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Sam Pazuki, BEng '02

Mechanical Engineering | Showing them the money

Sam Pazuki jokes that he grew up watching the television show Dallas and thought he’d end up as an oil tycoon living on a ranch.

Turns out his real penchant is not for finding oil but for raising money, leading him to a role as senior VP with multinational gold and copper mining company OceanaGold.

Over the last nine years, the 2002 mechanical engineering grad has helped the Australian-based company establish itself in the North American capital market and more than double its business to become a global company.

“I am a proxy to the CEO and the primary point of contact with our investors, which include some of the largest fund managers in the world,” says Pazuki.

Living in Toronto but chasing time zones around the world, he says a typical day might see him on early morning phone calls with investors in London, Paris, Zurich and Munich followed by mid-day calls with North American investors before ending the day on calls with Asian and Australian investors.

After starting his career with Enbridge, where he worked in business development and asset management, Pazuki moved to Ernst & Young, where he spent several years helping to build a climate change advisory practice.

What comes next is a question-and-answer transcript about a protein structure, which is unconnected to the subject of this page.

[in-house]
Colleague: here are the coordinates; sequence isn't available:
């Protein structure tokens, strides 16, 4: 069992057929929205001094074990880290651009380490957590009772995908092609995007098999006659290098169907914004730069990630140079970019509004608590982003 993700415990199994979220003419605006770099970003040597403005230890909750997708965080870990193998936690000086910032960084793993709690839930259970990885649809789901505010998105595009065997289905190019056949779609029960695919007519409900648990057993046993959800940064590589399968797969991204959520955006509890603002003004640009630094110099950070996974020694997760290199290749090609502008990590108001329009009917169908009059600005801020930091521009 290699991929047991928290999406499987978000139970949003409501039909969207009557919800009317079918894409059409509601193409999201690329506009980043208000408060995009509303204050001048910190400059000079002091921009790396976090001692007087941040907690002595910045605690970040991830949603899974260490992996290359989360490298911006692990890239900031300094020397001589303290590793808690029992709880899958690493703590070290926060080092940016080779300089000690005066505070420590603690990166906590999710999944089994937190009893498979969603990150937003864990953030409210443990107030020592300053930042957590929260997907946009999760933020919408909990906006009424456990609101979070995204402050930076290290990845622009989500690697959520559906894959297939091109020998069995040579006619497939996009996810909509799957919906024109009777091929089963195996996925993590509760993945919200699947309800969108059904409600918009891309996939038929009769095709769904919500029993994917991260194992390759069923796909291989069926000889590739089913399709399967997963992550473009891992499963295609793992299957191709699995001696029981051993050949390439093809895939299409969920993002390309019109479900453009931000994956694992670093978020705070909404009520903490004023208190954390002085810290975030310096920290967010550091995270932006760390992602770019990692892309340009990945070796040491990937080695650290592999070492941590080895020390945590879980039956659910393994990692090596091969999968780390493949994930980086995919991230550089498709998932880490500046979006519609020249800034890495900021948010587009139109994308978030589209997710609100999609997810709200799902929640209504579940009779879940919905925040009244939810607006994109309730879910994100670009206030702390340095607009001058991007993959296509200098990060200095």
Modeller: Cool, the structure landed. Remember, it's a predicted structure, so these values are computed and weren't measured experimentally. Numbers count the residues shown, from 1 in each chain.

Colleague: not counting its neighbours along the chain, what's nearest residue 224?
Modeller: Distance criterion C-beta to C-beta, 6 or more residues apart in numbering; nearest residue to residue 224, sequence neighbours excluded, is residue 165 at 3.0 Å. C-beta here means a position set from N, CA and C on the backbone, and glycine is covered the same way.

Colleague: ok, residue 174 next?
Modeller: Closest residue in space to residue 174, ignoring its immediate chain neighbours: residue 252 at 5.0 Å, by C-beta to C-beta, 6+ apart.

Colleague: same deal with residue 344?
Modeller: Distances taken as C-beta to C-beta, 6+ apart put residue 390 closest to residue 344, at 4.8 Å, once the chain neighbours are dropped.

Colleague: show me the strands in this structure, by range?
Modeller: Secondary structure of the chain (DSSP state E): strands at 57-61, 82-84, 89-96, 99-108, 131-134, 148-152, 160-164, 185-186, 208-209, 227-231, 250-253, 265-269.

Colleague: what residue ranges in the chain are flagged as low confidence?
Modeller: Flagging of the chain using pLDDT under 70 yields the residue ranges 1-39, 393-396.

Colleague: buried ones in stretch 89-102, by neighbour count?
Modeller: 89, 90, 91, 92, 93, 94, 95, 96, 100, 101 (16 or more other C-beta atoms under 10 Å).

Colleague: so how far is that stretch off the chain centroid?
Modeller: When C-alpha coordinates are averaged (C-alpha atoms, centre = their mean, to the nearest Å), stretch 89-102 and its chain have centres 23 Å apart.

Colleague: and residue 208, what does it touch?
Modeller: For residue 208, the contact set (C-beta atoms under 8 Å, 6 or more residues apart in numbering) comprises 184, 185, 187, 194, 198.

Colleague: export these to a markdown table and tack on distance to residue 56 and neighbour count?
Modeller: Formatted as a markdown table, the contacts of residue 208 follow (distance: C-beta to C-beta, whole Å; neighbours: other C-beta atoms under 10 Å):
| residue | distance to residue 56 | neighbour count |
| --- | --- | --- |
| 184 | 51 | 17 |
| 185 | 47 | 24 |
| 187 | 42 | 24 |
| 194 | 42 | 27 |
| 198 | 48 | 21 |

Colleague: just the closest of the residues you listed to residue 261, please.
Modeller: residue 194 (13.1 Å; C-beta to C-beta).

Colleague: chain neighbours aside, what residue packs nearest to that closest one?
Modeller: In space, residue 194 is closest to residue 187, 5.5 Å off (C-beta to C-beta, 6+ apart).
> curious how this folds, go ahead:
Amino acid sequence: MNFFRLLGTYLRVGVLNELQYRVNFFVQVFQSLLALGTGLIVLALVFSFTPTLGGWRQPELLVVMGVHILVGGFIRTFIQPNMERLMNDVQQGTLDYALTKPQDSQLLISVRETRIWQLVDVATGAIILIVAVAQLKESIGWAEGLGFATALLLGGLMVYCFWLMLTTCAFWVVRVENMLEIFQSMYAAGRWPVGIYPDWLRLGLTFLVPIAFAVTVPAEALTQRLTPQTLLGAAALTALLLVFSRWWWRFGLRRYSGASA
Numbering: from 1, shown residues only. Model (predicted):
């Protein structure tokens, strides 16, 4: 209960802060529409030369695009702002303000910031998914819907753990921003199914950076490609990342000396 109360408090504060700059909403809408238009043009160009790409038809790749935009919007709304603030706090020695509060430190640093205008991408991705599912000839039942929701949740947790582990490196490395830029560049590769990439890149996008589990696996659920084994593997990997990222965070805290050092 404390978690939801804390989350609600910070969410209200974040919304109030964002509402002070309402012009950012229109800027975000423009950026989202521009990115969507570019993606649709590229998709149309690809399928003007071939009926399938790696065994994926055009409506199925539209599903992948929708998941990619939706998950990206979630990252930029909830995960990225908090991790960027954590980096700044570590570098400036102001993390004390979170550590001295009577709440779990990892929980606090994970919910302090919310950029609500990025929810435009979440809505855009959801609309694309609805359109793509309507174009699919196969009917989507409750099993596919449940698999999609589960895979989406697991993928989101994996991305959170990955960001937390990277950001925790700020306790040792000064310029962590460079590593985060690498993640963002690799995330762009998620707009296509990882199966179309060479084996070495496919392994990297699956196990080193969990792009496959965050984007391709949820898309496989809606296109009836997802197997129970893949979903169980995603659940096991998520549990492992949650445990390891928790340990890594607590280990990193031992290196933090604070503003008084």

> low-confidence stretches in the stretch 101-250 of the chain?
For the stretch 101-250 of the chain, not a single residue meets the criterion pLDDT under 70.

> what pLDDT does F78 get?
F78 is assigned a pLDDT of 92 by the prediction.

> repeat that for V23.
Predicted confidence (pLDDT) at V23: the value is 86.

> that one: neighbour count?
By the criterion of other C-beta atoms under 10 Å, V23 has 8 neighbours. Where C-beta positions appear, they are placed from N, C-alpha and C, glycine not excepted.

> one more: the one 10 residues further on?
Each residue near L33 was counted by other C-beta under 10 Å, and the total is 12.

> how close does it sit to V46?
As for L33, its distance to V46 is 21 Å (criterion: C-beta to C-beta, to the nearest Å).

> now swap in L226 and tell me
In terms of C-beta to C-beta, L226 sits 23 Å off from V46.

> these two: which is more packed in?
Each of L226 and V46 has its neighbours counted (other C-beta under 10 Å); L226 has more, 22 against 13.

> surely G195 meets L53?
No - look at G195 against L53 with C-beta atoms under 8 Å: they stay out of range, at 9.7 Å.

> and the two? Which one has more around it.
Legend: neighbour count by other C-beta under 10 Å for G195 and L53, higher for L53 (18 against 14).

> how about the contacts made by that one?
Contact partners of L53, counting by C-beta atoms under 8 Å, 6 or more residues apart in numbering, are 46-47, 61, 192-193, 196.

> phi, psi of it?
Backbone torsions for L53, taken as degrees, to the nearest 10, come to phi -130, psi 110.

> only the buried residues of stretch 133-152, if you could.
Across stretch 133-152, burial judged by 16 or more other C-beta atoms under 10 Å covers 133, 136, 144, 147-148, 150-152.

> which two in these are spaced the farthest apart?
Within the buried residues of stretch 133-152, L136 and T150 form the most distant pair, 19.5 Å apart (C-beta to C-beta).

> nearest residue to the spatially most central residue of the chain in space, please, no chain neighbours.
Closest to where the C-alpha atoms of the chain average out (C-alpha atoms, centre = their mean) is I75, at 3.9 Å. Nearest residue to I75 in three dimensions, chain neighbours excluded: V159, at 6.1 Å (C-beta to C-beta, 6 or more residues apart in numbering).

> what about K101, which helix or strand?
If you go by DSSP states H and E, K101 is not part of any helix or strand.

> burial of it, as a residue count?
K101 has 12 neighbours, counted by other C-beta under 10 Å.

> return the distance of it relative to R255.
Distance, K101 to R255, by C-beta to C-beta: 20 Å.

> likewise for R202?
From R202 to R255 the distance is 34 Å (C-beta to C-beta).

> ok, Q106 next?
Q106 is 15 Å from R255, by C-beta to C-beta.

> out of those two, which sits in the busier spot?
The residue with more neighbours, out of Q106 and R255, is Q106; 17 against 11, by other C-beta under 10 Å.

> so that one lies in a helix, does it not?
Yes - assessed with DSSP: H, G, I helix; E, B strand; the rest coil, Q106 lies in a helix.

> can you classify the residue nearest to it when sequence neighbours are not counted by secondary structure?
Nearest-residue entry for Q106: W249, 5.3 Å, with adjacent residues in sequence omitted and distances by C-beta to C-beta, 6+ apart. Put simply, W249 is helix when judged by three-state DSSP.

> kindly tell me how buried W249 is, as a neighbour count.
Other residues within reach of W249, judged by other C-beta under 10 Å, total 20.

While he had no prior investor relations experience before starting with OceanaGold, Pazuki says his previous jobs gave him crucial technical and business development experience.

“Being an engineer has helped me understand the technical side of our business – our bread and butter – and I coupled that with the finance and business experience gained through the years, and formalized it with a master’s degree in finance,” he says.

The role also demands marketing and writing work that satisfies his creative side.

An avid creative writer, Pazuki is currently writing a full-length feature film and also has aspirations for a children’s book and a musical.

A member of the varsity baseball team while at McMaster, he urges students to “put your head down, learn as much as you can, work as hard as you can but also play at almost any opportunity that you can.”

“While at Mac, my friends and I played nearly every team intramural sport, allowing us to have some fun while enjoying competition,” he says. “Every job I’ve held had a major teaming aspect – it’s important to understand how to appreciate the value each member of a team offers and how to work together to achieve a common goal.”

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